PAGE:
February's Supper Club is delighted to welcome guest speaker Chris Mullin, former Labour MP and political diarist.
Join our monthly supper club with great speakers from around the UK.
Chris Mullin was born in Essex in 1947. He attended boarding school in Suffolk before reading Law at the University of Hull, where he edited Hull Fire, the student newspaper, read the Daily Telegraph and dressed like a fogey. His political shift leftwards was in response to the Vietnam War.
On graduation, he joined the Daily Mirror as a trainee before joining the World In Action team. Chris was pivotal in the release of the Birmingham Six. Between 1982 and 1984, Chris was editor of The Tribune, providing effective support to Tony Benn and sought to turn The Tribune into a workers' cooperative, much to the annoyance of its shareholders.
After two unsuccessful attempts at standing for Parliament in 1970 and 1974, Chris was first elected MP for Sunderland South in 1987 and was returned at every subsequent election until 2005. He did not stand in 2010.
Chris was to the left of the Labour Party. A confirmed Bennite, his selection for the Sunderland South seat attracted criticism from Neil Kinnock. Throughout the late 1980s, Chris was targeted by the right wing press for his left wing views. Typical headlines included, '20 things you didn't know about crackpot Chris', 'Loony Lefty MP', and 'Is this the most odious man in Britain?'
His constituency was the first to declare in every general election between 1992 and his standing down in 2010 Mullin jokes about being the UK's sole MP for a few minutes and muses about forming a government.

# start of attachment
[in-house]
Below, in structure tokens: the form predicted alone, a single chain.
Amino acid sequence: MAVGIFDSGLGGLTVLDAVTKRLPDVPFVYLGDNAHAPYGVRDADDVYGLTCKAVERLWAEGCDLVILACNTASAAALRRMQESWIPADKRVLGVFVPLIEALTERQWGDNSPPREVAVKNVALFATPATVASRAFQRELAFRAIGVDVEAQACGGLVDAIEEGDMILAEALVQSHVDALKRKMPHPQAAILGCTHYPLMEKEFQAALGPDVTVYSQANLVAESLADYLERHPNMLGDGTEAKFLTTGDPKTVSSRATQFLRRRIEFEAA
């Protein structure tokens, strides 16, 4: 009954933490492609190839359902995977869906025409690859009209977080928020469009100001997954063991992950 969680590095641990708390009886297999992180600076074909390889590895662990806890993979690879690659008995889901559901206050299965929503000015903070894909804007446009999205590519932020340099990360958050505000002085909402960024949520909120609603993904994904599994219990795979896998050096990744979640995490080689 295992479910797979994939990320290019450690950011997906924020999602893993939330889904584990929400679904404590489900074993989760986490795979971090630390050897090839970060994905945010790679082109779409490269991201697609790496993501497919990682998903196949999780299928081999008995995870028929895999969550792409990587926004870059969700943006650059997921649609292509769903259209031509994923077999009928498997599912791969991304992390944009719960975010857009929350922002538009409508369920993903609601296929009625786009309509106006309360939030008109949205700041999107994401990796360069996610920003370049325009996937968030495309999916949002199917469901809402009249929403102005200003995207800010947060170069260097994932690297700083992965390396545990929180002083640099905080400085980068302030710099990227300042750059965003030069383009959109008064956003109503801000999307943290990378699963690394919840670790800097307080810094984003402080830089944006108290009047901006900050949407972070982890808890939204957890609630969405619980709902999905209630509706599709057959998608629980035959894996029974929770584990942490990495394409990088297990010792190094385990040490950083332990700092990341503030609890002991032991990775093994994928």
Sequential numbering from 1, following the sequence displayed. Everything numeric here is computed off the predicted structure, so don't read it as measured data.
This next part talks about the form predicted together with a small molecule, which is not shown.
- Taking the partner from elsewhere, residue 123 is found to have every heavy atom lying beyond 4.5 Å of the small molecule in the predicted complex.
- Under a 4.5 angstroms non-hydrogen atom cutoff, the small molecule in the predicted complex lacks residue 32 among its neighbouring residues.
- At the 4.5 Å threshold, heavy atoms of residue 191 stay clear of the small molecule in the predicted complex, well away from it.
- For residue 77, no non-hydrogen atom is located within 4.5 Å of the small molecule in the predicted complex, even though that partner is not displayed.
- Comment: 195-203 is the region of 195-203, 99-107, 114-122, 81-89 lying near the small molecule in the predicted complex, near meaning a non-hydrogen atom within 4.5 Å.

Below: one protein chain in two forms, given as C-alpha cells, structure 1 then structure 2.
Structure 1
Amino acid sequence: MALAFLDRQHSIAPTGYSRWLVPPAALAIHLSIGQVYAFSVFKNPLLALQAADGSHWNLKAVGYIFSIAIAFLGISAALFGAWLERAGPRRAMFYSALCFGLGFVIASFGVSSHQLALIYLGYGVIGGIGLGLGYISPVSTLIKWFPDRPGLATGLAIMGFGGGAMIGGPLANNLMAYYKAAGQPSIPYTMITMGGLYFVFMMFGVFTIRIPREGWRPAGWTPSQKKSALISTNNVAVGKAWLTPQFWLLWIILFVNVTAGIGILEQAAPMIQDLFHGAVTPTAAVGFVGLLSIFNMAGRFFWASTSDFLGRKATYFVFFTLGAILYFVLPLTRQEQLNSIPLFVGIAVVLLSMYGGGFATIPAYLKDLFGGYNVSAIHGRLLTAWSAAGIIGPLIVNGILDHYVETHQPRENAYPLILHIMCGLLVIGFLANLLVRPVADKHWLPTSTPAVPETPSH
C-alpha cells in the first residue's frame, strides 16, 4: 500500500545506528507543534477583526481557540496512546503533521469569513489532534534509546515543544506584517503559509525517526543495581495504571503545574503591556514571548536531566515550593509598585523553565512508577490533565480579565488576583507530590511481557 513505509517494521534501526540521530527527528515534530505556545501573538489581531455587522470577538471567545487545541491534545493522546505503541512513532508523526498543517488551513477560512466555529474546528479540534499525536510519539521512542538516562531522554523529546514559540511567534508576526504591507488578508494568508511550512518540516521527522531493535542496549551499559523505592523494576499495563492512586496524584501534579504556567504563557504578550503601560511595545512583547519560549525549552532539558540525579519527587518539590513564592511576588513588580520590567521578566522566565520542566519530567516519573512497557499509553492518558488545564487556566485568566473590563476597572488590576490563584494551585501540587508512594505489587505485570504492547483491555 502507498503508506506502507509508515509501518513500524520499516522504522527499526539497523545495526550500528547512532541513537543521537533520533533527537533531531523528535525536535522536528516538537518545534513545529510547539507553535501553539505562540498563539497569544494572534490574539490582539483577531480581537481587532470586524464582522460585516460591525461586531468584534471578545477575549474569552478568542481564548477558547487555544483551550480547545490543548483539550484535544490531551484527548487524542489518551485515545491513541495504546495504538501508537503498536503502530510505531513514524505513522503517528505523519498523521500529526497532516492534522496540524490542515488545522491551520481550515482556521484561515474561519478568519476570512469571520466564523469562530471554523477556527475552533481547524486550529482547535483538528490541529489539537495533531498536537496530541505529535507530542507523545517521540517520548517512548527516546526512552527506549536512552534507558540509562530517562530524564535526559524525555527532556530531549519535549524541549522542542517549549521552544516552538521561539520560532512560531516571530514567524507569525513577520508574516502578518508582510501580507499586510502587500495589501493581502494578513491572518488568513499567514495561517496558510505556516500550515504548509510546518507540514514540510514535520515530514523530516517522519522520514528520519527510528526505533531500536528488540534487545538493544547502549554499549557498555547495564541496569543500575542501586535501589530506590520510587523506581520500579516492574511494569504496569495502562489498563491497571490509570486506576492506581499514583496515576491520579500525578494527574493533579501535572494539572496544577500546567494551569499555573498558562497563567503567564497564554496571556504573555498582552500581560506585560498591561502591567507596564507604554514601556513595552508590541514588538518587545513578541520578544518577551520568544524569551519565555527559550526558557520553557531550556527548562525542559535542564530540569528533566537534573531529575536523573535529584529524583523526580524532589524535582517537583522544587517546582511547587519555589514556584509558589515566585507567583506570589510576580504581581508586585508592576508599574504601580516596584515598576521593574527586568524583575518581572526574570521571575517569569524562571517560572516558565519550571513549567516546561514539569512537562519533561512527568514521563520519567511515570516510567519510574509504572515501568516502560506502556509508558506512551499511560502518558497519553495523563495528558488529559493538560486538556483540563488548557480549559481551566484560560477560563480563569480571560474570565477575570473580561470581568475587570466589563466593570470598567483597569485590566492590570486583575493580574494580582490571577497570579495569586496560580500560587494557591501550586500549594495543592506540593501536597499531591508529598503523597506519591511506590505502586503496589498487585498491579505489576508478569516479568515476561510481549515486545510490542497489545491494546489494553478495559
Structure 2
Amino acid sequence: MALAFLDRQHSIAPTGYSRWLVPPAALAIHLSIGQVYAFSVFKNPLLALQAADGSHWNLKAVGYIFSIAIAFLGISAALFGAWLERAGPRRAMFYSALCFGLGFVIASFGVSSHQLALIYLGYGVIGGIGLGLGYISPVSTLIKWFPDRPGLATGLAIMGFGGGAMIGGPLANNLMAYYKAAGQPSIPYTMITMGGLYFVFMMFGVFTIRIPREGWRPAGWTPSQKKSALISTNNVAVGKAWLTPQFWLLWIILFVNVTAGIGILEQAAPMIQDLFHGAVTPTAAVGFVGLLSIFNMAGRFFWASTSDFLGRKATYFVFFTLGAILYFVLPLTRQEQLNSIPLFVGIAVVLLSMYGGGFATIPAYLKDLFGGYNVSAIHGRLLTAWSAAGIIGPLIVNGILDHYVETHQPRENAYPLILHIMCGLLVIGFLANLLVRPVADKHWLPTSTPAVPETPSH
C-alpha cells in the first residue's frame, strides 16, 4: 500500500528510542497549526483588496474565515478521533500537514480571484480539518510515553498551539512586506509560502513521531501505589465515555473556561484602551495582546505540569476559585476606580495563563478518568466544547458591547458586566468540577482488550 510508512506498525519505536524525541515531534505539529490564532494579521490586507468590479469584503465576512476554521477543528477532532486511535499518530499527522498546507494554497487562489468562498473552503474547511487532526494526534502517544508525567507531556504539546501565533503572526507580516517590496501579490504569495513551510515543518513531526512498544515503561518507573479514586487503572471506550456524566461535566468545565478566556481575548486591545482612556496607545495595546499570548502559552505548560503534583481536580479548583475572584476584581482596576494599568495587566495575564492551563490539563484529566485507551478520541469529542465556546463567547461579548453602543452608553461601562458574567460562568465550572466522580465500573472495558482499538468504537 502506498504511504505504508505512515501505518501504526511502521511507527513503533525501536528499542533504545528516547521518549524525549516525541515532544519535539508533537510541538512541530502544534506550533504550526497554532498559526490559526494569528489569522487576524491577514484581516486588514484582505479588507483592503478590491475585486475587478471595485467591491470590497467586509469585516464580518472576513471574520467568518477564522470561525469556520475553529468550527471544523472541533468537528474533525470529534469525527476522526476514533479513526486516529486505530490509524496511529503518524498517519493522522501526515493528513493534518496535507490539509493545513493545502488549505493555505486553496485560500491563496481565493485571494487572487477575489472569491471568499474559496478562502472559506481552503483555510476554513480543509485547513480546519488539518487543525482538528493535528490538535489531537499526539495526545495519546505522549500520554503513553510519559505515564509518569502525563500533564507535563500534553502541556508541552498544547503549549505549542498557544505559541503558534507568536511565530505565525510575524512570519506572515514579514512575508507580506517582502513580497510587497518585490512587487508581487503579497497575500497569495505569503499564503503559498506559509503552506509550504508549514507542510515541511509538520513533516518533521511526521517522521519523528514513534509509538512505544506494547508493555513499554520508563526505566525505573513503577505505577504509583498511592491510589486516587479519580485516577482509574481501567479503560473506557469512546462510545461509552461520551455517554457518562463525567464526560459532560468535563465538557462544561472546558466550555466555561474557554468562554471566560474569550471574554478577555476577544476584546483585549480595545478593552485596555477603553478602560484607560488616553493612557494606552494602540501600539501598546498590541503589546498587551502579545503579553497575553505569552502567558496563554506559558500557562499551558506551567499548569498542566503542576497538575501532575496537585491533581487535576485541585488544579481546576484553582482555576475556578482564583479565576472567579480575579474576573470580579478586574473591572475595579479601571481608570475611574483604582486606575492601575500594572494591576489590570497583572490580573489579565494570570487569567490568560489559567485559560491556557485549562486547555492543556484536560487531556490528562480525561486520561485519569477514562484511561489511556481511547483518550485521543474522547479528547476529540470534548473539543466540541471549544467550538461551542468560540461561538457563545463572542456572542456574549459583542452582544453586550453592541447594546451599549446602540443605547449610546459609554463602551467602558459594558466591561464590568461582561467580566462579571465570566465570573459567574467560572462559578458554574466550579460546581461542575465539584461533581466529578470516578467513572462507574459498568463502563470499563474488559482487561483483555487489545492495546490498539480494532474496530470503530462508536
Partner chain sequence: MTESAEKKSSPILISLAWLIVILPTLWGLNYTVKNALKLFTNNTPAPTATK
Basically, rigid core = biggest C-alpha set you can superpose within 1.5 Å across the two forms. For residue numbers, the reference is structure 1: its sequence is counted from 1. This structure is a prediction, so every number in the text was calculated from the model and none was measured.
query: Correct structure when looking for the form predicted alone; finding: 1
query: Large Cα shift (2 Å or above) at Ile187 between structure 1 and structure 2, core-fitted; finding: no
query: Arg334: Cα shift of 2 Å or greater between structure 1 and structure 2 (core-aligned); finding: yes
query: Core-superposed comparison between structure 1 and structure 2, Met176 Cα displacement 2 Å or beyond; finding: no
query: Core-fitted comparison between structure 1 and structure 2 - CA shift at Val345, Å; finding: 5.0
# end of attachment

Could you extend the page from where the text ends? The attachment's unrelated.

During his time in Parliament, Chris was a member of the Socialist Campaign Group and the All-Party Parliamentary Republic Group, Secretary of the All-Party Parliamentary Group for Vietnam and Chair of the All-Party Parliamentary Group for Cambodia, Member of the Home Affairs Select Committee (1992–97), Chairman of the Home Affairs Select Committee (1997–99).
Despite his criticism of the government, he replaced Alan Meale as Parliamentary Under-Secretary of State at the DETR in July 1999 before taking over from George Foulkes as Parliamentary Under-Secretary, Department for International Development in 2001. He later returned to government in June 2003, as a Parliamentary Under-Secretary at the Foreign Office, but after the 2005 election again returned to the backbenches.
Since stepping down from Parliament, Chris teaches a module at Newcastle University called 'The Rise and Fall of New Labour'.
Outside of Parliament Chris is a renown writer and diarist. His novel A Very British Coup was published in 1982 and screened in 1988. He has published three volumes of widely praised diaries that described the progress of "New Labour" from the death of the party leader John Smith in 1994 to the 2010 general election: A View From the Foothills (2009) (recounting Mullin's ministerial career from 1999–2005), Decline & Fall: Diaries 2005–2010 (2010) and A Walk-On Part: Diaries 1994–1999 (2011). Among others things, Mullin recorded his gradual disillusion with the Labour Party's left-wing and his rather reluctant support, after Smith's death, for fellow North-Eastern MP Tony Blair (whom he dubbed "The Man") as the person most likely to lead the party back to power. All three volumes were adapted for the stage by Michael Chaplin as A Walk on Part.
Guests will enjoy a meal of vegetarian starter, main, side (from the menu) and popadum. Drinks are available to purchase at the restaurant.
Tickets cost £20 per person to include a contribution to the Brighton, Hove and District Labour Party and are available online (scroll down). See the menu here.
Please contact Nicky if you would like details of how to purchase tickets via bank transfer or buy cheque.